I found Scabland flawless in writing about a sensitive subject. Adam Smith revealed how revolting this serial rapist is and addressed how many of these cases are handled poorly in court. Often victims don’t want their names dragged through the mud while the guilty are set free anyway, which was the case for the main character. Adam Smith explored the emotional aftermath targeted women often feel as there can be a bond between them and their kidnapper, which is a common physiological response. This book is intense with great characters and unique twists as the plot uncovers more foes. While you may struggle to read about this offensive subject, rape, the author hits it from an angle that seeks justice for those offended. Witty, full of scandal and deceit, I would highly recommend Scabland to those who savor stories of criminal justice and suspense.

Darryl Greer

In Adam Smith’s Scabland, Melissa Cohen’s teenage dream of becoming a psychiatrist was shattered when she was subjected to a horrendous attack by a group of vile individuals led by a psychopath with the self-styled appellation of Spider. Her life would never be the same again. In the intervening years before we catch up with her at age 38, she has been a soldier in the Israeli Defence Force, an Israeli federal agent, a Miami cop and a forensic photographer. Now, she is a highly successful paparazzi photographer. But her success is overshadowed by her past and she finds it impossible to have any kind of meaningful relationship. Melissa has always assumed her attackers did not know her identity but after 20 years she discovers that one does. He is dying from a mysterious virus that threatens to reach plague proportions. As this man has a limited time to live, he confesses to her. He doesn’t tell the other attackers her identity but he does say that she knows who they are — except for Spider. Her arch nemesis begins killing off anyone, including his fellow attackers, who can identify him and Melissa is forced into a desperate race to discover his identity before he finds out hers. Despite skills learnt in the IDF and as a Miami cop, Melissa’s revenge is not what you would think. What she has in mind she considers a cure. And it is a most surprising one at that.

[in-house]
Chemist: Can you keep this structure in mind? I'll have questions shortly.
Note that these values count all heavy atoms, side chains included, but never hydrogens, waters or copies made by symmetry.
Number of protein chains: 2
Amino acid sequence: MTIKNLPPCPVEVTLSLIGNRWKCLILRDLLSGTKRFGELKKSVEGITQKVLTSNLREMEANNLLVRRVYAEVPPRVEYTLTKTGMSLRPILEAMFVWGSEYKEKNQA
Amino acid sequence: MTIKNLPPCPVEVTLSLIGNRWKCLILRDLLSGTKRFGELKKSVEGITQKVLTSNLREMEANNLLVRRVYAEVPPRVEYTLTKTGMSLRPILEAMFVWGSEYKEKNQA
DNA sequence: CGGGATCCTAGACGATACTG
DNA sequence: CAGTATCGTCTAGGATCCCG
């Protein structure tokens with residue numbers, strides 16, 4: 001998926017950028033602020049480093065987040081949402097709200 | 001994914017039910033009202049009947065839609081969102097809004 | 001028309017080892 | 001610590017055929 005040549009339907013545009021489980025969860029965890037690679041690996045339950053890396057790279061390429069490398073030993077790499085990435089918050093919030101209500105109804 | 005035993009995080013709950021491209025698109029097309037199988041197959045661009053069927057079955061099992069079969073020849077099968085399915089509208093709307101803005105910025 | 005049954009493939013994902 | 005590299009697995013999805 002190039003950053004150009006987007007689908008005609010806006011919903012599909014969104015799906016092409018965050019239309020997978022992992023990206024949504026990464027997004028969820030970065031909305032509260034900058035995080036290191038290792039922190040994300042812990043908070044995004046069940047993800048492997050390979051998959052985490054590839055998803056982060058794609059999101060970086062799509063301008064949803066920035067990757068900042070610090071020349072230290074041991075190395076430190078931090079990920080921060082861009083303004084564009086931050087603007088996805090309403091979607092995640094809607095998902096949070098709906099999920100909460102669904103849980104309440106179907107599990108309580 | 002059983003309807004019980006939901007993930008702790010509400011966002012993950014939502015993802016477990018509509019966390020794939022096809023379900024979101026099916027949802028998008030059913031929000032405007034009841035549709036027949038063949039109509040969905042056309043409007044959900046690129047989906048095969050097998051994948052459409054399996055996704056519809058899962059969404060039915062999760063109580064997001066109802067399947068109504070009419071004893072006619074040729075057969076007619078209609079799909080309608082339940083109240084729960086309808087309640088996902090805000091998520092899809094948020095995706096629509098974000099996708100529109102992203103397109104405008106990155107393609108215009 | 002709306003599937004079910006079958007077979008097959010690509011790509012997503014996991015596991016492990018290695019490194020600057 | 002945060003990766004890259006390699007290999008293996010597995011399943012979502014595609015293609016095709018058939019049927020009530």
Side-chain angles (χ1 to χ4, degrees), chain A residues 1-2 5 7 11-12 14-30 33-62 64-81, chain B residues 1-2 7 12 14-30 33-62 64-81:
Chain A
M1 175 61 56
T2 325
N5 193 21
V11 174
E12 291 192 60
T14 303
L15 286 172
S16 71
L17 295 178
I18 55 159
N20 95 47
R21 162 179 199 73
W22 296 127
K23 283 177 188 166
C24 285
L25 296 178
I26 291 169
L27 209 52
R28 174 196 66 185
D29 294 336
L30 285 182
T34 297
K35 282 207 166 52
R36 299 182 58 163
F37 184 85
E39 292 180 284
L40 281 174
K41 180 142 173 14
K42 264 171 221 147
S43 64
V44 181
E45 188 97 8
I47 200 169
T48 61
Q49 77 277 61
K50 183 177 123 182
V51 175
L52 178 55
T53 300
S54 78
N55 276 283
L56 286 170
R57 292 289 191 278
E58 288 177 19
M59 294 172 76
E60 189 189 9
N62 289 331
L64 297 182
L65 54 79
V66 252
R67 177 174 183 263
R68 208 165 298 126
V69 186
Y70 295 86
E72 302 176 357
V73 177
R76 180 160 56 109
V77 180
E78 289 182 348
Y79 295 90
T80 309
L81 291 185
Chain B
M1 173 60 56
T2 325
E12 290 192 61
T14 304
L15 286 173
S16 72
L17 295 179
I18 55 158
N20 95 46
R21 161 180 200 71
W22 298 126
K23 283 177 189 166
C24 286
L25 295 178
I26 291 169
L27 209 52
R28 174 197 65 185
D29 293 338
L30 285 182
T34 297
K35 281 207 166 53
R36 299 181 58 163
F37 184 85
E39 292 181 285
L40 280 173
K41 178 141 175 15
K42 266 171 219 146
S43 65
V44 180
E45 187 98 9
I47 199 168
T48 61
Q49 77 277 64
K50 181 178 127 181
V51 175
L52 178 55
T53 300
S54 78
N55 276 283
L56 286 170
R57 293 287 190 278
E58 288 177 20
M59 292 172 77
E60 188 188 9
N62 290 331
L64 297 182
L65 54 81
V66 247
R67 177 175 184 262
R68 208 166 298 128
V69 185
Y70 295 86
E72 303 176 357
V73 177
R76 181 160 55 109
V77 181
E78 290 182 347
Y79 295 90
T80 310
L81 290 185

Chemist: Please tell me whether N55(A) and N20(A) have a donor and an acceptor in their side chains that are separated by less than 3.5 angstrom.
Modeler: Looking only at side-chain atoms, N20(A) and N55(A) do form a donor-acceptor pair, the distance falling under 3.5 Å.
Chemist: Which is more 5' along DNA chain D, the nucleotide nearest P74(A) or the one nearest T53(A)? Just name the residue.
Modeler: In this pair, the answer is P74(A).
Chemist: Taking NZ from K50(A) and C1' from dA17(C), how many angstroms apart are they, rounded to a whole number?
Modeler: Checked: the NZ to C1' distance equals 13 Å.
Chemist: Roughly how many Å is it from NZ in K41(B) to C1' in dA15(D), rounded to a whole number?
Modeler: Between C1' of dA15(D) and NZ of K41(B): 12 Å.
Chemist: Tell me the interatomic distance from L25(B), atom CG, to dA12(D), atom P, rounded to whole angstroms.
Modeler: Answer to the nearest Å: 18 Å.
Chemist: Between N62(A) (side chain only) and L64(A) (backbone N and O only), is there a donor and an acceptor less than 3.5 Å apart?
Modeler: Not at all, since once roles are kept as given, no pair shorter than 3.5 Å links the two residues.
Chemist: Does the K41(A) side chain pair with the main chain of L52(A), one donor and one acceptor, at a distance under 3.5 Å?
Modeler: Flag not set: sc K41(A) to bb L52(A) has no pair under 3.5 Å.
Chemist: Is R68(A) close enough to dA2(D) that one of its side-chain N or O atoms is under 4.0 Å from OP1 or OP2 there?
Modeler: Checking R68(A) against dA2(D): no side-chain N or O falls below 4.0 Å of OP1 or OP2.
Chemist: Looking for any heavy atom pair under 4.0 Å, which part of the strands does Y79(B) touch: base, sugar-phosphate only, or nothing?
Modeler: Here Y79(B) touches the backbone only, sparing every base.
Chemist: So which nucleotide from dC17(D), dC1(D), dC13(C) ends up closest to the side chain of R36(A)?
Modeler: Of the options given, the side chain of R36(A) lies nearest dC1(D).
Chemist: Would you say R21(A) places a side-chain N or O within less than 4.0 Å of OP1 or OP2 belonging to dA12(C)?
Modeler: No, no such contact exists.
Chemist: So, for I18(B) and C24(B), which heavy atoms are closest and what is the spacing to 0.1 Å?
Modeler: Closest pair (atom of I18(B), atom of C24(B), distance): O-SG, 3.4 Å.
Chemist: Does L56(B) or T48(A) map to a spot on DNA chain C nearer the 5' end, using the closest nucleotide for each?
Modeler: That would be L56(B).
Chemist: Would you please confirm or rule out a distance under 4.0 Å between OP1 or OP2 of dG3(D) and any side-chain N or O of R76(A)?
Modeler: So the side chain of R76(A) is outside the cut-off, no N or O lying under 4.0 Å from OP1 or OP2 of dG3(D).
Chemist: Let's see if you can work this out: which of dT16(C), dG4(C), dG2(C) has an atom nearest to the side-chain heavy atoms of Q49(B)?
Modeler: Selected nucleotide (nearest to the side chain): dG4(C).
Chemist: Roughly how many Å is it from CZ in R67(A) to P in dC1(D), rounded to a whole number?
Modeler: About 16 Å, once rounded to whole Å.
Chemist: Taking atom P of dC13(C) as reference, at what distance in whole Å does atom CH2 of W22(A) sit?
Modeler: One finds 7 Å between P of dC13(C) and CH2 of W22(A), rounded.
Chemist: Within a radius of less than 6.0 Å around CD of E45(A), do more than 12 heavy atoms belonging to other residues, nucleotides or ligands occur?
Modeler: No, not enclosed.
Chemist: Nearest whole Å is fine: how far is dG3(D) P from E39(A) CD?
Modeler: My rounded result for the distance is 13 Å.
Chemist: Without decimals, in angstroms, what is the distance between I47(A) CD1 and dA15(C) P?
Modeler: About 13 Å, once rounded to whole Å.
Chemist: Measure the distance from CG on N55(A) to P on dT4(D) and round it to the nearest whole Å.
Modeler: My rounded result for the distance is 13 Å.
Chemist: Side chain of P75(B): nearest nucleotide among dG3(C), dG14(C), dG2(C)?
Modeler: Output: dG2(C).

It is not every day you come across a novel that you are convinced is exceptionally well written after reading just the first few lines; a novel that is so gripping, you can’t wait to get to the dénouement to see where this wild ride is going to take you; the characters so well depicted you feel you know them. Excellent prose completes the package. Readers of Scabland will be hooked from the outset. The pace is around Mach 2, the story itself intriguing and unique. To top it off, Adam Smith writes in the first person as a woman, not an easy thing for a man to do, especially given Melissa’s circumstances. And he does so in a credible way. A word of warning though, this story is not for the faint-hearted; some of the scenes are highly visual and you may not want to go there. But if you’re game, get yourself a pair of heat resistant gloves and be careful how you turn the white-hot pages.